Words to live as.
We talk of being versus doing, of learning to practice more stillness, of changing the way we live our lives. More and more I think it’s learning who and how we really are and letting that essence express itself! Repeating myself, we’re really not physical forms who have to do so much, as we are entirely Spirit’s expression of Itself, through us. Watch little children.
Plunging into the Spiritual Alphabet I blogged about earlier, with many additions, I thought of this essay written by a special mentor of mine, a Welshman, a celebrated poet who became a spiritual healer and mentor as a teacher-practitioner of Christian Science.
This essay is about many things, including Generosity, Magnanimity, feeling like a flowing stream, of love and light and inspiration. Not fixed and declining forms having to maintain itself with exercise and pills and special diets against an avalanche of time and the elements. The more I understand my true nature, the freer I feel let inspiration lead and worry less about lack, impoverishment, loss, loneliness, because we’re really endless and bountiful streams. Mr. John personified that more than most people I’ve known.
Hope you enjoy!!
‘The Gift that is in Thee’
THE SUN’S fingers were playing along a 6 a.m. cobweb which linked the eavestrough with the lintel of my open window when I heard a faint tapping at the door.
“Come in,” I invited.
A child’s face peeped from behind the door, finger on lips.
“Daddy,” whispered Kristen. (It was too early to speak aloud.)
“I’ve got something special for you!”
There was a pause. I nodded. And my daughter’s eye’s lit up with her purpose as she tiptoed carefully toward me.
“Put out your hand, Daddy,” she said as she held her own aloft, clenched tightly. Then slowly and deliberately she lowered her closed secret into my outstretched palm. The tiny fingers opened and drew quietly away. I felt her eyes on mine as I gazed intently at my empty hand….
Another pause. Then I raised the invisible gift to my chest, exclaiming, “Kristen, this is wonderful!”
Her face was suddenly radiant. Gratitude and delight passed swiftly across it. Now in subdued ecstasy, my morning visitor retreated on her toes.
I sat there in my room long afterward, holding that invisible gift close in my thought. What had been received? Whatever it was, its light now played along my early prayers like the sun’s hand along that cobweb.
“—Of course, it was only a game after all,” the philistine brings us back to earth, closing windows, dismissing the symbolism, discounting the moral lesson along with its poetry. But here in Kristen’s morning pantomime, as in the true poem, idea and experience had merged to bring about for me Keats’ wedding of truth with beauty.
And the truth that took on this beauty? I’m still plumbing its depths. Some of us can give without being happy—but none of us can be really happy without giving. But there’s more to it than this. The good deed, we know, is a means not an end. The essential moral qualities look outward to the goals of good—not sideways to the glorification of deeds. No, I’m not about to get lost in the moralist’s country.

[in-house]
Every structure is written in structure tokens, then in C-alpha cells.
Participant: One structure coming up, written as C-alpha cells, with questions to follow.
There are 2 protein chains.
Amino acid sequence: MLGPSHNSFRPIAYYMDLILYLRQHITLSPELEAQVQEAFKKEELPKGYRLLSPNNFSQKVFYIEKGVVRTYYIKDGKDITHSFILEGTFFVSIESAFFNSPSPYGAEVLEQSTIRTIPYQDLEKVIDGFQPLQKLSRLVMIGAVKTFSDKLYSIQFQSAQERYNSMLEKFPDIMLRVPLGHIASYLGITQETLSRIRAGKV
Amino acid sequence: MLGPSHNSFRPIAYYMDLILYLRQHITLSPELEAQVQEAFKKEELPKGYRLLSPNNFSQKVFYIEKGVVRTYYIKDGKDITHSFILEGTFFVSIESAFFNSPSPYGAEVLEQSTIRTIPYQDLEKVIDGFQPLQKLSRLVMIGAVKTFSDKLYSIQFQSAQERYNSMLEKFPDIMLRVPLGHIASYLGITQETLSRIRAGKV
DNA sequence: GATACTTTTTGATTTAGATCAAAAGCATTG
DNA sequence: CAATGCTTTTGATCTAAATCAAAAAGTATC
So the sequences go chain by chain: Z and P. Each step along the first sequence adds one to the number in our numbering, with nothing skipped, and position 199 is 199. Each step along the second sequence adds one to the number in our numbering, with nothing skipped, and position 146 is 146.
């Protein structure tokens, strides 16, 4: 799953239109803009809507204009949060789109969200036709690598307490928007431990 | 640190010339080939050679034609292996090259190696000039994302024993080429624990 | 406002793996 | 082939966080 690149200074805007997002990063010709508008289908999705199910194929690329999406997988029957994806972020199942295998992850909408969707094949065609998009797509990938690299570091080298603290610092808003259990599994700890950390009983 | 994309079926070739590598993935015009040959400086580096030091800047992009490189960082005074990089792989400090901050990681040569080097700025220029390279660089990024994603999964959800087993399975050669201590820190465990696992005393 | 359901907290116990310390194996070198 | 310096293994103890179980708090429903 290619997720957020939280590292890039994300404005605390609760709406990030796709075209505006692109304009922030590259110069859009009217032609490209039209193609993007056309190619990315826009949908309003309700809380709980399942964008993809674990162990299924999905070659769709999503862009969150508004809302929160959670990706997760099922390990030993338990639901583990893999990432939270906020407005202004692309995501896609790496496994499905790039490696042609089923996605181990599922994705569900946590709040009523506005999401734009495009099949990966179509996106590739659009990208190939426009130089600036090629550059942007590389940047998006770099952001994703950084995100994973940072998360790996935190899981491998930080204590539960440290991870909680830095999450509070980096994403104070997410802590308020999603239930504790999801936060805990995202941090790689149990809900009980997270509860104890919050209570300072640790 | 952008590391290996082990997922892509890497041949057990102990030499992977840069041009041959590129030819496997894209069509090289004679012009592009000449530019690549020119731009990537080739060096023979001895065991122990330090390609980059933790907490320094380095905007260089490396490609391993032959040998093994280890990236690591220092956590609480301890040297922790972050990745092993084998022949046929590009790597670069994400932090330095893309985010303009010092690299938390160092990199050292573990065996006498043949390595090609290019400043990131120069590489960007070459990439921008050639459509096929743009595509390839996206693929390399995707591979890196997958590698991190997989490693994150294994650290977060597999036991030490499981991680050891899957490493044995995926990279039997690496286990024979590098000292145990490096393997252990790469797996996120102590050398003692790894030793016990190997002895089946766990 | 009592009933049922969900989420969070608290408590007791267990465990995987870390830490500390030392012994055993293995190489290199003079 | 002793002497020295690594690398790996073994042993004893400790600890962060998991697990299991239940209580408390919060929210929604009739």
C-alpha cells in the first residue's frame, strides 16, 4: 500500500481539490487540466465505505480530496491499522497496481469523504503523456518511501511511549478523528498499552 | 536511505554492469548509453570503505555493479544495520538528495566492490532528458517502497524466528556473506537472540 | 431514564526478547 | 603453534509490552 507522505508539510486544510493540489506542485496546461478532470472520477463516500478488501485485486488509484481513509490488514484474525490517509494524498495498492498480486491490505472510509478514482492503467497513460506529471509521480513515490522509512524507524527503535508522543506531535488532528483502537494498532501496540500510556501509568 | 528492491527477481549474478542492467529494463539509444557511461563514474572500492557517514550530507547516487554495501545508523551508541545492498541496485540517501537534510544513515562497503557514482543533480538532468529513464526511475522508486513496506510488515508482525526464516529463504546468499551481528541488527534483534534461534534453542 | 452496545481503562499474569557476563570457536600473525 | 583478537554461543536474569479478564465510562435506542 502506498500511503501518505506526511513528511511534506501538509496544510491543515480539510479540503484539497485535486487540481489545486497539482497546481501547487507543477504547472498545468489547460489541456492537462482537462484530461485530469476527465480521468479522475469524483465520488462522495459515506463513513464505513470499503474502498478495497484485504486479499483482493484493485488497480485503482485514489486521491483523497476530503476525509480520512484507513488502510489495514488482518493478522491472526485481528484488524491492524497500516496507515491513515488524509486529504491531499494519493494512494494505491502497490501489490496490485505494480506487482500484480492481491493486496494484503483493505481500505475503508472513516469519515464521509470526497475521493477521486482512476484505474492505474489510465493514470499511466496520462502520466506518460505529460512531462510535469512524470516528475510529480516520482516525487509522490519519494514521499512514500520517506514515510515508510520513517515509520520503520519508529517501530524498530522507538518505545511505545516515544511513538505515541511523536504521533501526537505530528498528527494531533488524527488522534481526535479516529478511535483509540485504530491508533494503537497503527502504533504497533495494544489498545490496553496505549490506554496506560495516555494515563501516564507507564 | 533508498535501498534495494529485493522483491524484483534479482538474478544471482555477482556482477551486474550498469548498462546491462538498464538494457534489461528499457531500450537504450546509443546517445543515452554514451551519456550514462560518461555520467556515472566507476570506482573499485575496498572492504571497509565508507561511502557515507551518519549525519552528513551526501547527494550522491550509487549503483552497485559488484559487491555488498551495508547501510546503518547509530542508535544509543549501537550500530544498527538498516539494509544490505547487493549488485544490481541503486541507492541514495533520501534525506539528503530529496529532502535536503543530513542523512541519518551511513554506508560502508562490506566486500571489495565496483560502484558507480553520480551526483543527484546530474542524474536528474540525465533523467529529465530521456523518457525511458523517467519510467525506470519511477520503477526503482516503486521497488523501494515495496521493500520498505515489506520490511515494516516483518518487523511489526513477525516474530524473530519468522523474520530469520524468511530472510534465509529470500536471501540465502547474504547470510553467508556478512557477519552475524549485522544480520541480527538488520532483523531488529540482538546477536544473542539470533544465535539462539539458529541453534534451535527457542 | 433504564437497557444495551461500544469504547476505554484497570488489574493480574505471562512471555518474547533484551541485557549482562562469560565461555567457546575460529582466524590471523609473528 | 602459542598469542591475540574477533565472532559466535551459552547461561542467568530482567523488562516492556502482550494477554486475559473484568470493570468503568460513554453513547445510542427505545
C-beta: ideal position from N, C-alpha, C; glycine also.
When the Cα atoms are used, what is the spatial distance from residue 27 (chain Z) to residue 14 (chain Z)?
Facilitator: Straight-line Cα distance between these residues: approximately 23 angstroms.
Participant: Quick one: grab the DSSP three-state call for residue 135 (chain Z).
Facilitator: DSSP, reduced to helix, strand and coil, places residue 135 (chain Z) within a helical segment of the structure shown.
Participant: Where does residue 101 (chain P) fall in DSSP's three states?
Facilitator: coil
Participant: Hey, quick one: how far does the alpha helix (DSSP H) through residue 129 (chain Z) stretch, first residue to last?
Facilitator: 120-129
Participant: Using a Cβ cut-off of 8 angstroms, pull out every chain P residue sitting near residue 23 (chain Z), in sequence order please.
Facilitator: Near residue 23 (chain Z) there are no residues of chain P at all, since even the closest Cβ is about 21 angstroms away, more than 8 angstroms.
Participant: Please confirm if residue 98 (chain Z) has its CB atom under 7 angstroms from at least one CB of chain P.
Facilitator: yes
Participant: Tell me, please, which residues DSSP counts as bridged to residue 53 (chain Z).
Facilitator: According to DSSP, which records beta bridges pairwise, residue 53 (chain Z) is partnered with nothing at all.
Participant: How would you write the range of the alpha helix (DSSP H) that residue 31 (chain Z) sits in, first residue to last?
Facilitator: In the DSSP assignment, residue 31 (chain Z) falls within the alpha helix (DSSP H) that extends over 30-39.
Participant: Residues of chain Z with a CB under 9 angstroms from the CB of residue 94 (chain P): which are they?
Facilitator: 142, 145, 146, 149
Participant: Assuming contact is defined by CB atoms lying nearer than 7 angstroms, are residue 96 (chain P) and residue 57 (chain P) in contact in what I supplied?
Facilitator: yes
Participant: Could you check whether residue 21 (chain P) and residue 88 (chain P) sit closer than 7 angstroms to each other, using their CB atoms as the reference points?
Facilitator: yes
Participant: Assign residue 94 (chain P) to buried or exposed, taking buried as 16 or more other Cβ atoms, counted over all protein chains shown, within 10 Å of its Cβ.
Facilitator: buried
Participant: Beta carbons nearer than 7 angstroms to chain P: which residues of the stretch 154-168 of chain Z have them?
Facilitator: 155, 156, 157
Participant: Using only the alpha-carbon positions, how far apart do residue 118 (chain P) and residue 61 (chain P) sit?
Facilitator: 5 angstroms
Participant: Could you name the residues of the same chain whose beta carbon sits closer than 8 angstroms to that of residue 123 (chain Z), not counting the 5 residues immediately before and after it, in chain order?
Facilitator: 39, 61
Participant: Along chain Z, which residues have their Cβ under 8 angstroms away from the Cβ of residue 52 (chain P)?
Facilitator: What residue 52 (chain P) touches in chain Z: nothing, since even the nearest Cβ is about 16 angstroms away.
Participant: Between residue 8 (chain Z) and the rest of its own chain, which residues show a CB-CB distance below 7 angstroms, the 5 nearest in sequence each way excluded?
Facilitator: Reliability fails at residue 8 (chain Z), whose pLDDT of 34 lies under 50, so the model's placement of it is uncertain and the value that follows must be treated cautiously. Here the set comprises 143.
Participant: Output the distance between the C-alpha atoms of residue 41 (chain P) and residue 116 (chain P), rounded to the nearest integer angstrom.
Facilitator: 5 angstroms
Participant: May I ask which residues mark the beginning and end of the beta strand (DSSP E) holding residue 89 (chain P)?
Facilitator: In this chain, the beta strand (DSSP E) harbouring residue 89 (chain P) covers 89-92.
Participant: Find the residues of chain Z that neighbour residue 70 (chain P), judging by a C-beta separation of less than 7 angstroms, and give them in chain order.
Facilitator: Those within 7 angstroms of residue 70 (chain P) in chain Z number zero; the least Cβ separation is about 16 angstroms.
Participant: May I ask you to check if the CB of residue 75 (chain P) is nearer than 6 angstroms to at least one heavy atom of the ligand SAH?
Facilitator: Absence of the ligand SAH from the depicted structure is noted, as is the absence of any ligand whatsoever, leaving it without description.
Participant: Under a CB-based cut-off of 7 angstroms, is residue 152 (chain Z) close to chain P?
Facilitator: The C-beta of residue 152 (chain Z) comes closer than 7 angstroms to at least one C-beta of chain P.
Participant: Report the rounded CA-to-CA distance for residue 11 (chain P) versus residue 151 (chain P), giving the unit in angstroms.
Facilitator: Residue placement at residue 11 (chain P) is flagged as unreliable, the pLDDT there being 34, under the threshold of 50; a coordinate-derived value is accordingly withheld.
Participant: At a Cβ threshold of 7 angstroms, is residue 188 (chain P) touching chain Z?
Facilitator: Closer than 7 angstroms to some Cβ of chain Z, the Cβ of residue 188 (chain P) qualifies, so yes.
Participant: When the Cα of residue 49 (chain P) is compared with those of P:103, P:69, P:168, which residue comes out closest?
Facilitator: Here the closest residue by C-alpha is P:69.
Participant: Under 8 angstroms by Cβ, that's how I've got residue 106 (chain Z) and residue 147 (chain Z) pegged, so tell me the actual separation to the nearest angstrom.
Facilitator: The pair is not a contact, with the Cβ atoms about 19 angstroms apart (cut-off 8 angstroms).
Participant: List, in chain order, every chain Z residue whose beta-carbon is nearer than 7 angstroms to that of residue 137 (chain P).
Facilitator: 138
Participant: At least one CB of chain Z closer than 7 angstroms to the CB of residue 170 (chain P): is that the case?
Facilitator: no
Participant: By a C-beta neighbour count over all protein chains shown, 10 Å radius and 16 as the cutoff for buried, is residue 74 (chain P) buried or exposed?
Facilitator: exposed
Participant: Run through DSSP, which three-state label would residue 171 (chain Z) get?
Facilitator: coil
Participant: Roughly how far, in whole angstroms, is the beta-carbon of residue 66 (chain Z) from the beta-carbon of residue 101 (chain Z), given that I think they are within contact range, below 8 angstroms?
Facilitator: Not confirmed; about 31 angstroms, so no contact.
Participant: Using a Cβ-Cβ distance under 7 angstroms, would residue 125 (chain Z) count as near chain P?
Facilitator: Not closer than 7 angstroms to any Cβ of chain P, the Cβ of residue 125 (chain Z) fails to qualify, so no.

“Neglect not the gift that is in thee,” Paul wrote to Timothy. Intuitively, children never do. That 6 a.m. encounter brought father and daughter face to face with the beauty in them. Now let me be involved with your need, friend, without being entangled. I mean instead of being drawn behind the closed windows of your problem, let me ask how thought can swing more and more outward toward solutions through the open window of a joie de vivre whose existence in us perhaps we’ve never even guessed at before.
It is something like coming face to face with the unbelieved in and saying, “I believe in you”; it is to be led out of our wilderness; it is to laugh with the young, to revere the elderly, to find the lost. It is to remember that in each of us looms a new world of undiscovered character. It is to open a window.
In the heart’s country, windows are not made to close. Here they open onto woods; let in the breath of lilac, wild cherry, pine—-let out children’s shouts and singing, the celebration of life. For within the radius of our thinking lie ideas of fresh and startling interest, still awaiting some private revelation. Like unknown, unvoiced songs in us, they are here, waiting to be heard.
To better understand this, I need to find the windows in my life that have not yet been opened. Withholding impoverishes, and withholding, surely, is the reluctance to open a window. Perhaps prejudice has closed it. Or perhaps there has already been a retreat into the limbo of spectatorism (and that is spiritual poverty!) Perhaps after all, up to this point in my life—dare I admit it—I have not gone deep enough, stopping just short of the gold lying beneath the stratum of stereotype.
“Put out your hand, Daddy….”
We are what is hinted through each life lived intently, remembered by every covenant of the opening hand. And we are what we give when caught in the act of discovering the untouched gold in ourselves, when we let escape that rare delight in living which opens someone’s eyes to the same celestial mineral among his own reserves.
Windows are for opening.
from FIVE SEASONS, selected poems and essays of Godfrey John,
originally published by The Christian Science Publishing Society